- private labels galore
even Amazon has its own toilet paper now. The production of private labels will be increasingly important in the future (the influence of this segment during the pandemic is proof of this), and companies will have to organize themselves to meet production demands which will evolve over time. Process plants and organizations able to put differentiated materials, processes, additives and packaging into production quickly, efficiently and safely, will be at a distinct advantage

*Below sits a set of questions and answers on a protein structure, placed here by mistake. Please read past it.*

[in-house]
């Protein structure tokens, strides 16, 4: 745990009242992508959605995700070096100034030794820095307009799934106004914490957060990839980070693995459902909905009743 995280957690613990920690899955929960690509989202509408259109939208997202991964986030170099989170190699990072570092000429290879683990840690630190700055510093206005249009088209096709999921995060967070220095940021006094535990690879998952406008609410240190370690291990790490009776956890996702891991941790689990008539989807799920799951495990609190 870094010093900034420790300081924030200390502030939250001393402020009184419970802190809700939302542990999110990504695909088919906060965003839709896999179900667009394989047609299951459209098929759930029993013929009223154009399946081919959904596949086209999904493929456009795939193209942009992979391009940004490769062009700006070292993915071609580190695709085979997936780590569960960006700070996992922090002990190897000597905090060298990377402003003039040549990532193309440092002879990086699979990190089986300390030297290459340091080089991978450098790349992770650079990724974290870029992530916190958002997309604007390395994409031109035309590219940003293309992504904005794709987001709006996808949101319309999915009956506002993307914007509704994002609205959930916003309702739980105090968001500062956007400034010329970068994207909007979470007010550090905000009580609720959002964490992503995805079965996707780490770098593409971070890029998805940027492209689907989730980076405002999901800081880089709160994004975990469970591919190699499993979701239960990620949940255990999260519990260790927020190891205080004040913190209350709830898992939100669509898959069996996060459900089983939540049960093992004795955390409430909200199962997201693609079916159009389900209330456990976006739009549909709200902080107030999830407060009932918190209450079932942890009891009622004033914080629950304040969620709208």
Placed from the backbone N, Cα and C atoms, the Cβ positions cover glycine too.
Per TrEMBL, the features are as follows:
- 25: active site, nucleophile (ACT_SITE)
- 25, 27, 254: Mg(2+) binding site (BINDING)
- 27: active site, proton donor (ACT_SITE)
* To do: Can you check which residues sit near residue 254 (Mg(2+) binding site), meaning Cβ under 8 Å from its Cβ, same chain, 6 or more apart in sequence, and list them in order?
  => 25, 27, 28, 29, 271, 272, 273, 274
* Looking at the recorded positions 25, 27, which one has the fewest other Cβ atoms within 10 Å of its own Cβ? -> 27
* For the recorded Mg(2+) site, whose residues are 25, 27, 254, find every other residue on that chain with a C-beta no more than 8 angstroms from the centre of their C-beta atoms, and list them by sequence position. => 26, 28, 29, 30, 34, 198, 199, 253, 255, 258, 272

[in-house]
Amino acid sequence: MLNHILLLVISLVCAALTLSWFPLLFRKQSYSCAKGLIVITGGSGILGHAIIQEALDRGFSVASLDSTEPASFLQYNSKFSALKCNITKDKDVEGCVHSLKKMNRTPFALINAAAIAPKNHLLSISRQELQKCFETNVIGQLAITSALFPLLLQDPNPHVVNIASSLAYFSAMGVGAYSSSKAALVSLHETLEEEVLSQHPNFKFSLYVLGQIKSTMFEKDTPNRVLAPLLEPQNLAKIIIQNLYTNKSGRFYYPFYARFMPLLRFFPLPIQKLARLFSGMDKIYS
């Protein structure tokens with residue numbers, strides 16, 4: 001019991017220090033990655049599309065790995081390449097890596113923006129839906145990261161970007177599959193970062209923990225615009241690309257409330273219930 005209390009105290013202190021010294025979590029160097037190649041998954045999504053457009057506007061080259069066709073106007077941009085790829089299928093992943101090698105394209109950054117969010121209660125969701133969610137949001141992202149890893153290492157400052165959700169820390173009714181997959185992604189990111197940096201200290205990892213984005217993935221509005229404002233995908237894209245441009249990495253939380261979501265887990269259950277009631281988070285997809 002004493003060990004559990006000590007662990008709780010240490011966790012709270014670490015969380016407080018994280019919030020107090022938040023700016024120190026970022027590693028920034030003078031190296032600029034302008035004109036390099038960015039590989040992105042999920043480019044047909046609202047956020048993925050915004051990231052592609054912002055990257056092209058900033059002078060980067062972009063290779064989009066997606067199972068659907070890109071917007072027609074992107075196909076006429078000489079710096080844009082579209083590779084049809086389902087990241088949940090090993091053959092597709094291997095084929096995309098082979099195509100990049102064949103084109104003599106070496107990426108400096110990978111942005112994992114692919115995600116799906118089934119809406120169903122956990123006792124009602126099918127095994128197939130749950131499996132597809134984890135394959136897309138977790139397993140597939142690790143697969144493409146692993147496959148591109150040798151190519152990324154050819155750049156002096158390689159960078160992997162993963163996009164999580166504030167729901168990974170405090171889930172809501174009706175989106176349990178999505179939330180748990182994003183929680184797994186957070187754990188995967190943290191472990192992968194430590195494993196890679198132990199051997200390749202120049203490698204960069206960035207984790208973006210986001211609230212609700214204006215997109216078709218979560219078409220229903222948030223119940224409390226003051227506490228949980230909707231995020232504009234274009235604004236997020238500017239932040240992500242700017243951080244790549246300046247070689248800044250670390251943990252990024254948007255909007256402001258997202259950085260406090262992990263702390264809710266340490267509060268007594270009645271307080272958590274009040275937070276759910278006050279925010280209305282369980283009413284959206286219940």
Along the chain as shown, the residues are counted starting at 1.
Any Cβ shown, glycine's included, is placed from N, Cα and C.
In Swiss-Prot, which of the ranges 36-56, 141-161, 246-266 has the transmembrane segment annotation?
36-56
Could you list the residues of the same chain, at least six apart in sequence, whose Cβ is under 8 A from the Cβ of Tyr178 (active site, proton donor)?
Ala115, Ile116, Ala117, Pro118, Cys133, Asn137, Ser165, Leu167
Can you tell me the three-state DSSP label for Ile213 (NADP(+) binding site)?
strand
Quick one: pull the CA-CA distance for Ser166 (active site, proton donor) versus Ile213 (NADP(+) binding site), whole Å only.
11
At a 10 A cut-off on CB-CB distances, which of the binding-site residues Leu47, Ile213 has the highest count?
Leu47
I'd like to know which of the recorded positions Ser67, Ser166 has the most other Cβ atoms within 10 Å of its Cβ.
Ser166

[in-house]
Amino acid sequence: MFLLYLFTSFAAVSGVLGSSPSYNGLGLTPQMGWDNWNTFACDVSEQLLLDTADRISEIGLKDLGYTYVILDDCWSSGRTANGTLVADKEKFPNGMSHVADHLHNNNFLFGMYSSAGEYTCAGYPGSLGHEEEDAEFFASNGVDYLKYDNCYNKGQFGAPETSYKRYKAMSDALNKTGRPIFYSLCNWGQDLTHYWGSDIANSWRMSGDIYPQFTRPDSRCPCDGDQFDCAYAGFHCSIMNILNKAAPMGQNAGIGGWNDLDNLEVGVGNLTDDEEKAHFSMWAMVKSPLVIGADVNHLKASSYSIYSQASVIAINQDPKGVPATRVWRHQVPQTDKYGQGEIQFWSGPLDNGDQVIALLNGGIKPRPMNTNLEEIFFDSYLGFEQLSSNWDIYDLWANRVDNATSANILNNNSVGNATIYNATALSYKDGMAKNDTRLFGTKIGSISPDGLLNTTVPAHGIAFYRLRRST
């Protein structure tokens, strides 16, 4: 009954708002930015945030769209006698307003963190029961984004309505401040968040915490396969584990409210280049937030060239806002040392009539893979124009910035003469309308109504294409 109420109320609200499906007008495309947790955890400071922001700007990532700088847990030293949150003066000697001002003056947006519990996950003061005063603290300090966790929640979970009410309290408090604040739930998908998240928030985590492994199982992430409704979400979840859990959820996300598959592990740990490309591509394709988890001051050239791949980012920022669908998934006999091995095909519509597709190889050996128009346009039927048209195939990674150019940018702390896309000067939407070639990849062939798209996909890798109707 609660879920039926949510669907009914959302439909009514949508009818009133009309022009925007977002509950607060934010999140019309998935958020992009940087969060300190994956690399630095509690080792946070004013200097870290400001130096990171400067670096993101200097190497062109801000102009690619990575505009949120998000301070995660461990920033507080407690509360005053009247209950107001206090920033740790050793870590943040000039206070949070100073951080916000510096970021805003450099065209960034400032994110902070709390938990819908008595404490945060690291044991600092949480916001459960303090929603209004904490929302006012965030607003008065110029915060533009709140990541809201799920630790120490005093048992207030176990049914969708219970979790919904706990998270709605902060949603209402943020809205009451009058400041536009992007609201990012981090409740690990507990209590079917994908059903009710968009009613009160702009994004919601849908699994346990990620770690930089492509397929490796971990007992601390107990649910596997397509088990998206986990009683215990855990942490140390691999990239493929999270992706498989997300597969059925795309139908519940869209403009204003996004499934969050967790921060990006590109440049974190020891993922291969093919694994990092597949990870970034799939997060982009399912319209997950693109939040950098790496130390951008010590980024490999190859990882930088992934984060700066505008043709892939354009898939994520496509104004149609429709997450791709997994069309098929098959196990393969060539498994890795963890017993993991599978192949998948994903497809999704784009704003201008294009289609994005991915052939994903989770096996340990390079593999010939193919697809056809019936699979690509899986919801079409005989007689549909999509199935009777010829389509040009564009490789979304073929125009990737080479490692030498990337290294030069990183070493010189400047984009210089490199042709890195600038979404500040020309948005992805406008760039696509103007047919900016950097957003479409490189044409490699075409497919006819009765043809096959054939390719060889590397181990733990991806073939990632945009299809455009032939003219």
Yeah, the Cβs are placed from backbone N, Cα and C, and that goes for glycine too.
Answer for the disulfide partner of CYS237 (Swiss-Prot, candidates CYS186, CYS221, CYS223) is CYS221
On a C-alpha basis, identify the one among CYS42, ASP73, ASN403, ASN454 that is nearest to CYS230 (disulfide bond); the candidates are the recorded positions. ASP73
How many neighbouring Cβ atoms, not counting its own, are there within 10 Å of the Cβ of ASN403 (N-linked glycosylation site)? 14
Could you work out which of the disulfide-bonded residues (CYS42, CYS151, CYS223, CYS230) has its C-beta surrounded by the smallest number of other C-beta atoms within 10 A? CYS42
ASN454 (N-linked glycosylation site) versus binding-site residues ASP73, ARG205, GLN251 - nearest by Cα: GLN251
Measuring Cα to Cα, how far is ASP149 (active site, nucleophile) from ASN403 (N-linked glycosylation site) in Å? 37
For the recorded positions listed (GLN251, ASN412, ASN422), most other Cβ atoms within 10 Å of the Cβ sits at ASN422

- from differentiation to product customization
from kitchen towels customized for special occasions, to one-off “sets” of paper products totally customized in color, printing and size, the tissue paper product is no longer an inflexible commodity. 2022 could be the year to exploit Tissue’s personalization and customization potential.
Illusion, perspective, reality. For a discussion on all these issues and on the opportunities presented by those who create the technological systems that can support your company’s production potential, contact us.